Global Security Newswire
Daily News on Nuclear, Biological & Chemical Weapons, Terrorism and Related Issues
U.S., Kyrgyzstan Sign Nuclear Detector Agreement
The U.S. National Nuclear Security Administration said today that it was set to install radiation detectors at several border locations in Kyrgyzstan as a deterrent against smuggling of nuclear or radiological materials (see GSN, Oct. 1, 2007).
Officials from the semiautonomous branch of the Energy Department and the Kyrgyzstan State Customs Committee today signed an agreement that allows for deployment of U.S. sensors and communications technology and training of Kyrgyz customs personnel.
"Today's agreement with Kyrgyzstan will help keep nuclear and radiological material out of the hands of terrorists and criminals," NNSA Deputy Administrator for Defense Nuclear Nonproliferation William Tobey said in a press release. "NNSA will continue to foster international partnerships to detect, secure and dispose of dangerous nuclear material around the world."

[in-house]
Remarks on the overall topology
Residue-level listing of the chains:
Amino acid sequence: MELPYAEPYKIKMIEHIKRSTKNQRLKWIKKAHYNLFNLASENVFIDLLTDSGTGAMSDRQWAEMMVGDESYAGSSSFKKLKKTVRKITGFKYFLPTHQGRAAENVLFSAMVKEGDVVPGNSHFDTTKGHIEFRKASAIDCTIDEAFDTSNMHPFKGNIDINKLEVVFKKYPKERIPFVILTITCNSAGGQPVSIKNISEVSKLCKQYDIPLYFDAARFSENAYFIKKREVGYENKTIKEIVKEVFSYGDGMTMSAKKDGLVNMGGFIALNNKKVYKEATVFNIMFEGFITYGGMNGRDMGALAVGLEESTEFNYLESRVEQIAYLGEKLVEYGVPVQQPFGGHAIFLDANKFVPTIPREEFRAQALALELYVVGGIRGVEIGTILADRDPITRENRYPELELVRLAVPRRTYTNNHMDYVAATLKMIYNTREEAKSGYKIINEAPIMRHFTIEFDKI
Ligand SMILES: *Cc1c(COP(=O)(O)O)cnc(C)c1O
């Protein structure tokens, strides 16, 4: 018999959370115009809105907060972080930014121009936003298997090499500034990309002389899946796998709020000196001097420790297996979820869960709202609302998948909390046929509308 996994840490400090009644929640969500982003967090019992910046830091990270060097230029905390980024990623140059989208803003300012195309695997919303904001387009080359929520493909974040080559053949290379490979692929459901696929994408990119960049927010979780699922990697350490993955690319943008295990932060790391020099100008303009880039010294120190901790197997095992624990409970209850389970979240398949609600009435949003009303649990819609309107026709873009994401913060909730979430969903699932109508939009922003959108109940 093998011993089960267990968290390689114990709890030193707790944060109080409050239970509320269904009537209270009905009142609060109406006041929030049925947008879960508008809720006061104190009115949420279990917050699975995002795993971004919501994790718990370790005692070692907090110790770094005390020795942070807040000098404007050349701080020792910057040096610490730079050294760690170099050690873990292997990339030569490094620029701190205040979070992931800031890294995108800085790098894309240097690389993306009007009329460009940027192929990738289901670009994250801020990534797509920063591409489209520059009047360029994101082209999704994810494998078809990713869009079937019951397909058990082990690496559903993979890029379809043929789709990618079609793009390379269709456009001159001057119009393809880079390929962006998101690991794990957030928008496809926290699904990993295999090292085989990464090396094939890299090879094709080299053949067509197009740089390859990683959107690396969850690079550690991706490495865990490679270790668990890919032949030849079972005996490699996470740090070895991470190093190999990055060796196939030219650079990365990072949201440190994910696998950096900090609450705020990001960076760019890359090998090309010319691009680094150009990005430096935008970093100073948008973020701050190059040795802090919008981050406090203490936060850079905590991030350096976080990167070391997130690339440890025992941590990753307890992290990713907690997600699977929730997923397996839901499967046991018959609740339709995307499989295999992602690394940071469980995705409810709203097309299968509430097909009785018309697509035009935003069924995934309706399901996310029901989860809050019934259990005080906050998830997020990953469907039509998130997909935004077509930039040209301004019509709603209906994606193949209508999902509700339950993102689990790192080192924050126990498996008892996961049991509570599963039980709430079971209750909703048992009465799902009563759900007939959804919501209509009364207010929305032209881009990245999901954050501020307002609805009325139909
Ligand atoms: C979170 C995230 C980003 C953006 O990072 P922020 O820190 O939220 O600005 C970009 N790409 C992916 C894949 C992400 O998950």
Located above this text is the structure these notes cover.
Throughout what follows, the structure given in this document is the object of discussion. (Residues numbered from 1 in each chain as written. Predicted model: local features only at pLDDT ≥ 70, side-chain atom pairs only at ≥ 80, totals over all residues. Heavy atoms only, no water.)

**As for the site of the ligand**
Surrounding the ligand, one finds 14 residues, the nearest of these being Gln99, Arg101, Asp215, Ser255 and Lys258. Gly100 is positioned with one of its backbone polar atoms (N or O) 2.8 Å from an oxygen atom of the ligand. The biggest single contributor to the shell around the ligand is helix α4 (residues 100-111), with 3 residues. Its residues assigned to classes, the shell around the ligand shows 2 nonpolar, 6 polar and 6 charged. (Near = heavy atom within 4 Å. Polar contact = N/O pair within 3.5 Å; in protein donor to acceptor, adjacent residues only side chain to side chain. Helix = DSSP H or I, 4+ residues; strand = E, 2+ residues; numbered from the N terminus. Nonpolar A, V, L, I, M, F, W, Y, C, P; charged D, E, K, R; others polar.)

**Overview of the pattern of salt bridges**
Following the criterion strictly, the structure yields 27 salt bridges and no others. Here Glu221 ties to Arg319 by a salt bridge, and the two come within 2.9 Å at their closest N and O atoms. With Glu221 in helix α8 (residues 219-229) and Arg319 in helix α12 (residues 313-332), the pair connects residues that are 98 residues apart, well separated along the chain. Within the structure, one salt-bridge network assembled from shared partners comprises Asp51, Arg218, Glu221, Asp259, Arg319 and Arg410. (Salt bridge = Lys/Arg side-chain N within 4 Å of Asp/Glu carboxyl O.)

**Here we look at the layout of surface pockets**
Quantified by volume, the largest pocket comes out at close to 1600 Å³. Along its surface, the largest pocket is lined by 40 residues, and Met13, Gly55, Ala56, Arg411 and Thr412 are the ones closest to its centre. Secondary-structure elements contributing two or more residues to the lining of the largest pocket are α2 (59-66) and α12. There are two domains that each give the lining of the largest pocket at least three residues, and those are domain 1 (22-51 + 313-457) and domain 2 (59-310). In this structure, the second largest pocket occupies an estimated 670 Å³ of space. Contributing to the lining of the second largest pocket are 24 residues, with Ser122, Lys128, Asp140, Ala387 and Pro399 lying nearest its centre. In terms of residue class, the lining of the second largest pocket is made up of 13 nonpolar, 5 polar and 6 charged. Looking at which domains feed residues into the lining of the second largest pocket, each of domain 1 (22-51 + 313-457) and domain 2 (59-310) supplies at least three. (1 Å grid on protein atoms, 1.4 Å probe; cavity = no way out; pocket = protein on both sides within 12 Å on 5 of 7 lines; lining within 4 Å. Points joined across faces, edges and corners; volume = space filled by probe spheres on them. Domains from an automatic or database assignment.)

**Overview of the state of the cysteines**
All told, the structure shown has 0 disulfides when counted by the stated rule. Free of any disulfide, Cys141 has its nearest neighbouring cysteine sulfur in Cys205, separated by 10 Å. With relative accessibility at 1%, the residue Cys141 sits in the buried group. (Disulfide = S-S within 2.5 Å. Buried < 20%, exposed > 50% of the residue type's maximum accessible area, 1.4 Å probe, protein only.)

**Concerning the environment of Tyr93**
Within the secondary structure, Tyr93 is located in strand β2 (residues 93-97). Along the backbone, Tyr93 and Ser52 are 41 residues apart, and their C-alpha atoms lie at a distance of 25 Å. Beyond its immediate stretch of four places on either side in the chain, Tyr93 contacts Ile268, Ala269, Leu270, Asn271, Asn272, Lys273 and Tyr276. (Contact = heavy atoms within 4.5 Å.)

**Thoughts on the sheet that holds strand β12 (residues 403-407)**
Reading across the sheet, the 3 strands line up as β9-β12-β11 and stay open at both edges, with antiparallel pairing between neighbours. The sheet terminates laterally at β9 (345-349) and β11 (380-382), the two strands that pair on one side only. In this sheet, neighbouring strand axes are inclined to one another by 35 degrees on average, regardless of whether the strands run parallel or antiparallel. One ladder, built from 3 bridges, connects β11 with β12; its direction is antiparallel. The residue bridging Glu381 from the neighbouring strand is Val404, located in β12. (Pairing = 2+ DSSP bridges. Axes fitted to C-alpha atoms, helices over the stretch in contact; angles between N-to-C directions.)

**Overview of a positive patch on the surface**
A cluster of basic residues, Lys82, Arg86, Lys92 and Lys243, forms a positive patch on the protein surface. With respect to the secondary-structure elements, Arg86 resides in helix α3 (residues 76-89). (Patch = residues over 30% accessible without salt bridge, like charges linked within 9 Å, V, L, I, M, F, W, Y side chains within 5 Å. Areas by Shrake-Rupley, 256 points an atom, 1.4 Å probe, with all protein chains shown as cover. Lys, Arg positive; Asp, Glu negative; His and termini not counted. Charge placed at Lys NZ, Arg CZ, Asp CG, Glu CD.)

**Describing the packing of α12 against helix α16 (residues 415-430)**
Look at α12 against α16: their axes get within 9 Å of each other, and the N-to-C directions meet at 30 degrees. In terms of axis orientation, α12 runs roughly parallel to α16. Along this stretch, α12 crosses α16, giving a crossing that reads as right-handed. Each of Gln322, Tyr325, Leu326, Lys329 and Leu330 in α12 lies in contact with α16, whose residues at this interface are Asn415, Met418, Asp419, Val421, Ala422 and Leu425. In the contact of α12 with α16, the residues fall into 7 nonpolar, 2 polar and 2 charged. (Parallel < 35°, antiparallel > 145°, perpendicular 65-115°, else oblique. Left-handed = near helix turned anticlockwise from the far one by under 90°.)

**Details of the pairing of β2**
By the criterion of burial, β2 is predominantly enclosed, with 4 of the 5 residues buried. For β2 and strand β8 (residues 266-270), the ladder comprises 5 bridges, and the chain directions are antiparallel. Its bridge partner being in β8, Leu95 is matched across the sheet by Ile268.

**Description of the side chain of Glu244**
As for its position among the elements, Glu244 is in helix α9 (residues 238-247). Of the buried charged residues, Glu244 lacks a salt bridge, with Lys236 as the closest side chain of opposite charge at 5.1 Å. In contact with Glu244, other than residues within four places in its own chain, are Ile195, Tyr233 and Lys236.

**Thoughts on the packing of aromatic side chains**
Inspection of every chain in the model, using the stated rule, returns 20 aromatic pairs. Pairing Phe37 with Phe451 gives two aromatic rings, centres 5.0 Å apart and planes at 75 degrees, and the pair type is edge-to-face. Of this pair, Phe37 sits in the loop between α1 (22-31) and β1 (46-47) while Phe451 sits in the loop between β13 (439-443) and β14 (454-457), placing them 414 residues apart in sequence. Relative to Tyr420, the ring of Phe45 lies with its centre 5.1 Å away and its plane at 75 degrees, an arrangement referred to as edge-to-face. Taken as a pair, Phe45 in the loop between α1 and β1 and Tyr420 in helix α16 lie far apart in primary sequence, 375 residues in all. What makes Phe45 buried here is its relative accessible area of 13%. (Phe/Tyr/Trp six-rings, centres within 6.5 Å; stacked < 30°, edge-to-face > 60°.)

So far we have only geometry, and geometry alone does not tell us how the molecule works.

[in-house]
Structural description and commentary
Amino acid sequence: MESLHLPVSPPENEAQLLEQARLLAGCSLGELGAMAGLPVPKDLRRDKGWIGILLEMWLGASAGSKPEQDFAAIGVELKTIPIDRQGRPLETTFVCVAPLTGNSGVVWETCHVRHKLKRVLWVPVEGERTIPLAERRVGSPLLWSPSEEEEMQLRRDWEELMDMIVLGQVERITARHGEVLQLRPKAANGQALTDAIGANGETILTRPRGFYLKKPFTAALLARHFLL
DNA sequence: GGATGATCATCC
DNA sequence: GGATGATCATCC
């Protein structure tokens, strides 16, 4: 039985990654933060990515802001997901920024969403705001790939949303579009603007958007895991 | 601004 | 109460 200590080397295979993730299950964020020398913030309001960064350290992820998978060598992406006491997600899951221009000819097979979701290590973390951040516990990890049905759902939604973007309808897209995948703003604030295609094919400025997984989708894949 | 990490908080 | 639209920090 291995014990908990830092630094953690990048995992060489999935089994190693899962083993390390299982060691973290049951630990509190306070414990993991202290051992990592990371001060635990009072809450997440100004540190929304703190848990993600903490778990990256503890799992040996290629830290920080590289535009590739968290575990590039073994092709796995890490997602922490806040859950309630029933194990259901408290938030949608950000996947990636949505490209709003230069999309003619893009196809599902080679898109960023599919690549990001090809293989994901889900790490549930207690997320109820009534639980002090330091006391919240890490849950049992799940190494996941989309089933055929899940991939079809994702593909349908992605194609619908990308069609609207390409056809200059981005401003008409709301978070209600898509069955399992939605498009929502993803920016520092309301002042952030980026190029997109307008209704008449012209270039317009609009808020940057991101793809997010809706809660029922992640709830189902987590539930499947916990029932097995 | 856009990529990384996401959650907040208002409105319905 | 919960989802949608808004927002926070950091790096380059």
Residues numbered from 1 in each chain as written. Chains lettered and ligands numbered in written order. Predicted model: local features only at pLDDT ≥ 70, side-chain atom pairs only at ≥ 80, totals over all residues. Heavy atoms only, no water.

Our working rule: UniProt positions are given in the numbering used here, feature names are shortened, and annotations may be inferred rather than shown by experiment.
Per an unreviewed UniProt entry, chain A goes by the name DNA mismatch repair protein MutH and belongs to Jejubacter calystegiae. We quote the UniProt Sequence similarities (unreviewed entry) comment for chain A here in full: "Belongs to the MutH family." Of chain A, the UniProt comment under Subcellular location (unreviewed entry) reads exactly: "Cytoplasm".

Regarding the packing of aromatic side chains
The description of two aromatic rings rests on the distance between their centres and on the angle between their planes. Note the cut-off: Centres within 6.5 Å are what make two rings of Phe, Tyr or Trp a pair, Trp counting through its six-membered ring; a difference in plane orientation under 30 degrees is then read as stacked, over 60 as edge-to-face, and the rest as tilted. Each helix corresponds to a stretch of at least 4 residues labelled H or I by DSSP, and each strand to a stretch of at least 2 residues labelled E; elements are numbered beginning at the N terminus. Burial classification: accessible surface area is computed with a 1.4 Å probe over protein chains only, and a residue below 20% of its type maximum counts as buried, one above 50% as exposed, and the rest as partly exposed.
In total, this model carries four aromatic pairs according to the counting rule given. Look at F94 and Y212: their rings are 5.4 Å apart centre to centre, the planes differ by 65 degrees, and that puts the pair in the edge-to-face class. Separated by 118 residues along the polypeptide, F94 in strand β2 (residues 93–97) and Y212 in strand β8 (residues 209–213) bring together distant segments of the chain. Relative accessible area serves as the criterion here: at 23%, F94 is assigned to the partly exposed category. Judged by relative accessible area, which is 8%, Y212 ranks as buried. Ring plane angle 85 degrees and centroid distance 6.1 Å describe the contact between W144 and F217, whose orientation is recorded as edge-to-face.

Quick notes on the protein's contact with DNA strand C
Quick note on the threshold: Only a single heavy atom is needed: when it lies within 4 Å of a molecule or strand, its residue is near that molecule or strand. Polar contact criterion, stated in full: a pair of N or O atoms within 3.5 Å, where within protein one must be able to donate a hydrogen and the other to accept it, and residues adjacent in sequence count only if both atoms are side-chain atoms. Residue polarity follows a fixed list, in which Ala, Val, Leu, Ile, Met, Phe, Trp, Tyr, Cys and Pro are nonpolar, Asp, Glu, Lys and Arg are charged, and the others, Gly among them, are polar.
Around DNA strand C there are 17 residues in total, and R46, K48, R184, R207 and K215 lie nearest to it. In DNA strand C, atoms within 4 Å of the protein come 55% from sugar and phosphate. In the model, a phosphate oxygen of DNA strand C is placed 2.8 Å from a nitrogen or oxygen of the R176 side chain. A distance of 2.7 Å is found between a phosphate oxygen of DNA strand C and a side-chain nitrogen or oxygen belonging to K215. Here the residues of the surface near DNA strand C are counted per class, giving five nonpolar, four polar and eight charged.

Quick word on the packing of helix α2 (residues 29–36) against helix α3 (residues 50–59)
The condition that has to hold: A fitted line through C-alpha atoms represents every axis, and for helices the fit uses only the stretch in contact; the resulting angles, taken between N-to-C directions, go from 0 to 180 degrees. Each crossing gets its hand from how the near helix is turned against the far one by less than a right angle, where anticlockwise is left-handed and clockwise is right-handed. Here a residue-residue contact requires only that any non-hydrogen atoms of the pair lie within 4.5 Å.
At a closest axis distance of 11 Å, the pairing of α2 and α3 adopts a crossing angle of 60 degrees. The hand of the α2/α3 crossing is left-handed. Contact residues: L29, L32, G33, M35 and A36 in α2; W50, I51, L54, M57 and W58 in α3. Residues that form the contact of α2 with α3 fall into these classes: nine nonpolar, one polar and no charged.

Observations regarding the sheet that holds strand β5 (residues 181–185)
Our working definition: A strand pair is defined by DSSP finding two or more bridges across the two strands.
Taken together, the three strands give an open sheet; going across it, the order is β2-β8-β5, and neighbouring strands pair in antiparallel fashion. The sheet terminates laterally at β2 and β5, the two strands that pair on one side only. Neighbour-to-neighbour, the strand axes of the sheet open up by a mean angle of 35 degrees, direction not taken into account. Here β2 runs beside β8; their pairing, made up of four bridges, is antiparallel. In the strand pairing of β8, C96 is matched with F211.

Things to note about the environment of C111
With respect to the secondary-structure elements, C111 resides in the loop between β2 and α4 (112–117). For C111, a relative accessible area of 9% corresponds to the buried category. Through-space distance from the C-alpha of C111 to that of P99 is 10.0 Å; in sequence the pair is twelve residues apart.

U.S. detection technology has been installed at more than 160 foreign border posts, airports, seaports and other locations under the NNSA Second Line of Defense Program (U.S. National Nuclear Security Administration release, Aug. 15).
Note to our Readers
GSN ceased publication on July 31, 2014. Its articles and daily issues will remain archived and available on NTI’s website.
March 13, 2014
On Friday, March 14, U.S. Secretary of State John Kerry and Russian Foreign Minister Sergei Lavrov meet to discuss the crisis in Ukraine. Five statesmen from Germany, Poland, Russia, the United Kingdom and the United States call for the urgent formation of a Contact Group of Foreign Ministers to address the crisis and more broadly, create a new approach to building mutual security in the Euro-Atlantic region.
Sept. 27, 2013
A fact sheet on current and projected costs of maintaining the U.S. nuclear deterrent, produced by the Center for Nonproliferation Studies.
This article provides an overview of Kyrgyzstan’s historical and current policies relating to nuclear, chemical, biological and missile proliferation.